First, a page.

Refactoring, unit testing, all that…

I’ve always been more of a procedural kind of a programmer. After Spectrum BASIC and the inevitable QBASIC, it was on to C. This was all hobby and/or academic stuff. Professionally I used Perl far more than anything else, and always in an “if it works, f**k it!” type of methodology (thanks, Mr Hume, for the turn of phrase…) This was because more of what we were doing involved either single-shot web pages, text processing, system admin, and other short-lived “make it work now” tasks. By the time you’d be coming to make changes to the code and need to be able to understand it, it would be time to rip it out completely and build a completely new website. So it made perfect sense.

Working with object-orientated PHP4 isn’t exactly the most fun you can have with your clothes on, but it has got me into some eXtreme Programming methods. I can’t follow through on all the methods – it’s hard to do pair-programming when you live in Tarragona, and I never even *see* most clients, as few are in the same country as me – but starting with unit testing and leaning heavily on refactoring are techniques that can work when pulled apart from the whole XP ride [see this for an alternative view].

The idea of “proving it with code” – starting to code before you know fully what direction you’re going to go in – suits me down to the ground. That’s how I’ve *always* worked anyway. There come very quick realisations about the requirements as soon as you start hacking. *Then* you can make some notes about them.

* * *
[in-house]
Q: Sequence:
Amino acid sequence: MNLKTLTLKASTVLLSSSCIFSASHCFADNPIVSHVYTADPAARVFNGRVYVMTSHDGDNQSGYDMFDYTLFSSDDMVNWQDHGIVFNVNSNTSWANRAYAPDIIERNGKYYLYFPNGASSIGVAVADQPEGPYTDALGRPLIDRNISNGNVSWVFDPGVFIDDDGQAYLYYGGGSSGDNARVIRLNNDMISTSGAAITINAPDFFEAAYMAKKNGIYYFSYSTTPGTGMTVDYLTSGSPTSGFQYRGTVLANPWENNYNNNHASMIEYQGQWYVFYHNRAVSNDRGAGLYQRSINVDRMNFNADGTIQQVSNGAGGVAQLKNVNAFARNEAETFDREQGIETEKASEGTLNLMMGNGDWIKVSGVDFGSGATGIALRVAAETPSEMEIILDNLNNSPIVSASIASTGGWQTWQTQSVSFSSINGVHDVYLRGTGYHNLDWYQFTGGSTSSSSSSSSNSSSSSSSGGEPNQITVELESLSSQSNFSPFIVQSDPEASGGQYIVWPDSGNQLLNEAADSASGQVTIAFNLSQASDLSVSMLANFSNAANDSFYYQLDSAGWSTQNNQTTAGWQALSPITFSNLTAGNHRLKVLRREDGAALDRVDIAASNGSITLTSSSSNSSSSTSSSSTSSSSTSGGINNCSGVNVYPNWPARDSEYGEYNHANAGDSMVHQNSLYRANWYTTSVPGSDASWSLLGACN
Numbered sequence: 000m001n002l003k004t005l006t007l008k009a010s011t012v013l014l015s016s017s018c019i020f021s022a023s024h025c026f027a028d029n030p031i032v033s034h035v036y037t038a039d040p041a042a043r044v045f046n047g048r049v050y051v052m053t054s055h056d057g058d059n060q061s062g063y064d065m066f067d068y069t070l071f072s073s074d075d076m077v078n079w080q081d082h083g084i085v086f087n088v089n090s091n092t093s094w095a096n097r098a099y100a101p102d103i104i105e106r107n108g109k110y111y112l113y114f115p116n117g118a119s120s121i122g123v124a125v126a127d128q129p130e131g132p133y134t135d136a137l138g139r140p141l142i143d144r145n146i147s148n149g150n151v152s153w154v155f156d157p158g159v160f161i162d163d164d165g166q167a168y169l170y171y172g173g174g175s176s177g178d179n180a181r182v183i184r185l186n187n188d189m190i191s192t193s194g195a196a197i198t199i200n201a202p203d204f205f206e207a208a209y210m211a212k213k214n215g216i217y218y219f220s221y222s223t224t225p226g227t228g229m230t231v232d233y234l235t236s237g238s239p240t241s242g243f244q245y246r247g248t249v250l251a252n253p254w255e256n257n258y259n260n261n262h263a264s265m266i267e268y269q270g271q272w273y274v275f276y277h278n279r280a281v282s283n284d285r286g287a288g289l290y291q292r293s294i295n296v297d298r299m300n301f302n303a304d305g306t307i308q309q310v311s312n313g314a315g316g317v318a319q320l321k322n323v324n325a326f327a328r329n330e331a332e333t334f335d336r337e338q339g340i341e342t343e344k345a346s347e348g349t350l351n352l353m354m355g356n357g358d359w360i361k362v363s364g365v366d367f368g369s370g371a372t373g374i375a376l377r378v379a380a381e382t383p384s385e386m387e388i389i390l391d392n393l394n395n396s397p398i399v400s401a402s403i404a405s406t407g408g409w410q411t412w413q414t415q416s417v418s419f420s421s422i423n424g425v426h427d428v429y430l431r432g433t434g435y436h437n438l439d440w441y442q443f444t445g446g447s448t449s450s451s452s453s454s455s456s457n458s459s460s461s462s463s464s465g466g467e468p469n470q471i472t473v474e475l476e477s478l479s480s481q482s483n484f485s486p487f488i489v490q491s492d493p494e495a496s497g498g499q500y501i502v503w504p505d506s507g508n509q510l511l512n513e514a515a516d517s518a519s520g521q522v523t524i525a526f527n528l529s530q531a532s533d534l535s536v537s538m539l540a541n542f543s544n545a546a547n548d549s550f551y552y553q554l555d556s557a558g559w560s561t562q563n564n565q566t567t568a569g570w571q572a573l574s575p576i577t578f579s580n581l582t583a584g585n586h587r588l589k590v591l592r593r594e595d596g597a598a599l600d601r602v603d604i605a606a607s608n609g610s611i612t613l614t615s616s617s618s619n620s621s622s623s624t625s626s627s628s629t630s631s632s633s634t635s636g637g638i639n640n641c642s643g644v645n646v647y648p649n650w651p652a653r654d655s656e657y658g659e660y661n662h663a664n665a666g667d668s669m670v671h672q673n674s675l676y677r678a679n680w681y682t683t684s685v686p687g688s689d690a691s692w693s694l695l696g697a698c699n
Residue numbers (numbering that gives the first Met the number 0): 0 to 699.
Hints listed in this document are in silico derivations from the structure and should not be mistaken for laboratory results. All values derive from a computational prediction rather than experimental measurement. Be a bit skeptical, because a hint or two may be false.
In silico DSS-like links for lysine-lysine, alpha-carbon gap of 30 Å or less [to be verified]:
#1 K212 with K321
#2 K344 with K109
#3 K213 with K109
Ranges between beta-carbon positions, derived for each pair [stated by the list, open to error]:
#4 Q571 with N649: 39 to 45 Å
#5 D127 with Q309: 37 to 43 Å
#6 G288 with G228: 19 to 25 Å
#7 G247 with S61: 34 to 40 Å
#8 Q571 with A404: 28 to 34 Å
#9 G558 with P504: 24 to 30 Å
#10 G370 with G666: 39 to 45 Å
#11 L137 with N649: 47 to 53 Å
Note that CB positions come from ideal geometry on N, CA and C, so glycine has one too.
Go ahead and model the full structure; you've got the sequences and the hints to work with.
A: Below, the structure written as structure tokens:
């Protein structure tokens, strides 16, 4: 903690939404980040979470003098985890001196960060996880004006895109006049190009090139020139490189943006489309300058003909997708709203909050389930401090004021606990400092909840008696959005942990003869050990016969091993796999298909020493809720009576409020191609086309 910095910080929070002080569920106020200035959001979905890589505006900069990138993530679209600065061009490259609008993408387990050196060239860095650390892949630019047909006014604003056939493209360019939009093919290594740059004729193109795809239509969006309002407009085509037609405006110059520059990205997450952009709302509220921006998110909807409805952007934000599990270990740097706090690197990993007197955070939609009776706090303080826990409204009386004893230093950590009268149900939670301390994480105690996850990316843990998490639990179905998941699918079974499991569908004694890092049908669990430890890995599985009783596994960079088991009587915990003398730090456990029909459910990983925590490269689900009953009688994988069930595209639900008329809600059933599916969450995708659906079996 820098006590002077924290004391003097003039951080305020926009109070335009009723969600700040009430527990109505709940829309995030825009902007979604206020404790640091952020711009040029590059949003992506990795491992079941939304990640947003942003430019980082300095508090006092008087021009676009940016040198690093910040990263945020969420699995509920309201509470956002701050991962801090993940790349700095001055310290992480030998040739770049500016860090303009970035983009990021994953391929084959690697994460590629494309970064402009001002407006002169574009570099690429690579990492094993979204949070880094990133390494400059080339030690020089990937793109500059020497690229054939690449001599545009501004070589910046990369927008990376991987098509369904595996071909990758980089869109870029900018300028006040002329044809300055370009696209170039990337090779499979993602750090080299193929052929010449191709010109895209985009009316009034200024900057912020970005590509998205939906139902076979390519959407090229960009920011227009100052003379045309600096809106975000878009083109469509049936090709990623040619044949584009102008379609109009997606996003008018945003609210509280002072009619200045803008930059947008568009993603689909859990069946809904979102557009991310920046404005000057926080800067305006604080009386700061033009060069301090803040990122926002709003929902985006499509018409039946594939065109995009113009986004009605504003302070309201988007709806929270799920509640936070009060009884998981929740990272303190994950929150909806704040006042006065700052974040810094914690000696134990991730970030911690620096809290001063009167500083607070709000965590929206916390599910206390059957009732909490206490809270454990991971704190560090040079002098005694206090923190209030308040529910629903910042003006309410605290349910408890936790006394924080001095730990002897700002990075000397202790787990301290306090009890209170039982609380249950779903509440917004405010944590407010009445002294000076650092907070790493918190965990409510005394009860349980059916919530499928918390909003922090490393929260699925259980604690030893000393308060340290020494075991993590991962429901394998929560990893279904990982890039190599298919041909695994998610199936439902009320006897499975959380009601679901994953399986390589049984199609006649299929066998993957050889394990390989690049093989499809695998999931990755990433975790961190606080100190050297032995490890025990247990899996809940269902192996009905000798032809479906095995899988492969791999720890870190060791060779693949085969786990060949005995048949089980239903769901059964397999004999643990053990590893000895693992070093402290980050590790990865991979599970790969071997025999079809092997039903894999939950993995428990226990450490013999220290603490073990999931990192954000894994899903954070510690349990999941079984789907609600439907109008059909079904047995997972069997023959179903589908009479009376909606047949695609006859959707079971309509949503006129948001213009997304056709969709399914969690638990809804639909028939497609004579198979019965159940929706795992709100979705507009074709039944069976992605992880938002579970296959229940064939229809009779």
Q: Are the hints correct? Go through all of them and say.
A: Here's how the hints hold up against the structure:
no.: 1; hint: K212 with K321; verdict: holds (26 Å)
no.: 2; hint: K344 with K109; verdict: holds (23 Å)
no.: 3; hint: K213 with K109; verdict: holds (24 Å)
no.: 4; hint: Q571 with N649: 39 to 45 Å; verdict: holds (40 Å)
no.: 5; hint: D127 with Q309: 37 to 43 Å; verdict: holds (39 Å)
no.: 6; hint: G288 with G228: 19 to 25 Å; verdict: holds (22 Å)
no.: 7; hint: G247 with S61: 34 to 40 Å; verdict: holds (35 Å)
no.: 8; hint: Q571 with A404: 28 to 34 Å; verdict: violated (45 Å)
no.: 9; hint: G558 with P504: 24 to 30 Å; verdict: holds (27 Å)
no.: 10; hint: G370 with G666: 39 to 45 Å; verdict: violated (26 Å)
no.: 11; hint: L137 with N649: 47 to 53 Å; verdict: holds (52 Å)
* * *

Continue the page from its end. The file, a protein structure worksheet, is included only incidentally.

I’m definitely in two minds about pair-programming (regardless of the geographical practicalities). Some people are just *meant* to work alone. Many good programmers are like that – are they supposed to be either forced into a different methodology or discarded under XP? Sometimes it just clicks between two programmers and they can work together, but I doubt just *any* two minds could be dragged together like that. Personally, my best MO is to get together regularly with others on the project then disappear while I code. It’s like driving – if you look down at the gear-stick, it’s harder to change gears than if you just change them. (Uh-oh, in danger of sounding like Obi-Wan now: “use the force – reach out with your feelings”!) But sometimes coding in a natural, almost unthinking way can be the way to really great, elegant ideas. As Matt Stephens says: “Programming done properly is meditation – your mind transcends to some other place, of pure thought, with a thousand variables being juggled effortlessly.” It might be possible to do that alongside someone else, but it would have to be an inter-personal synergy like Lennon/McCartney! Personally, I think I’d rather scrum then go off and use the force, Luke.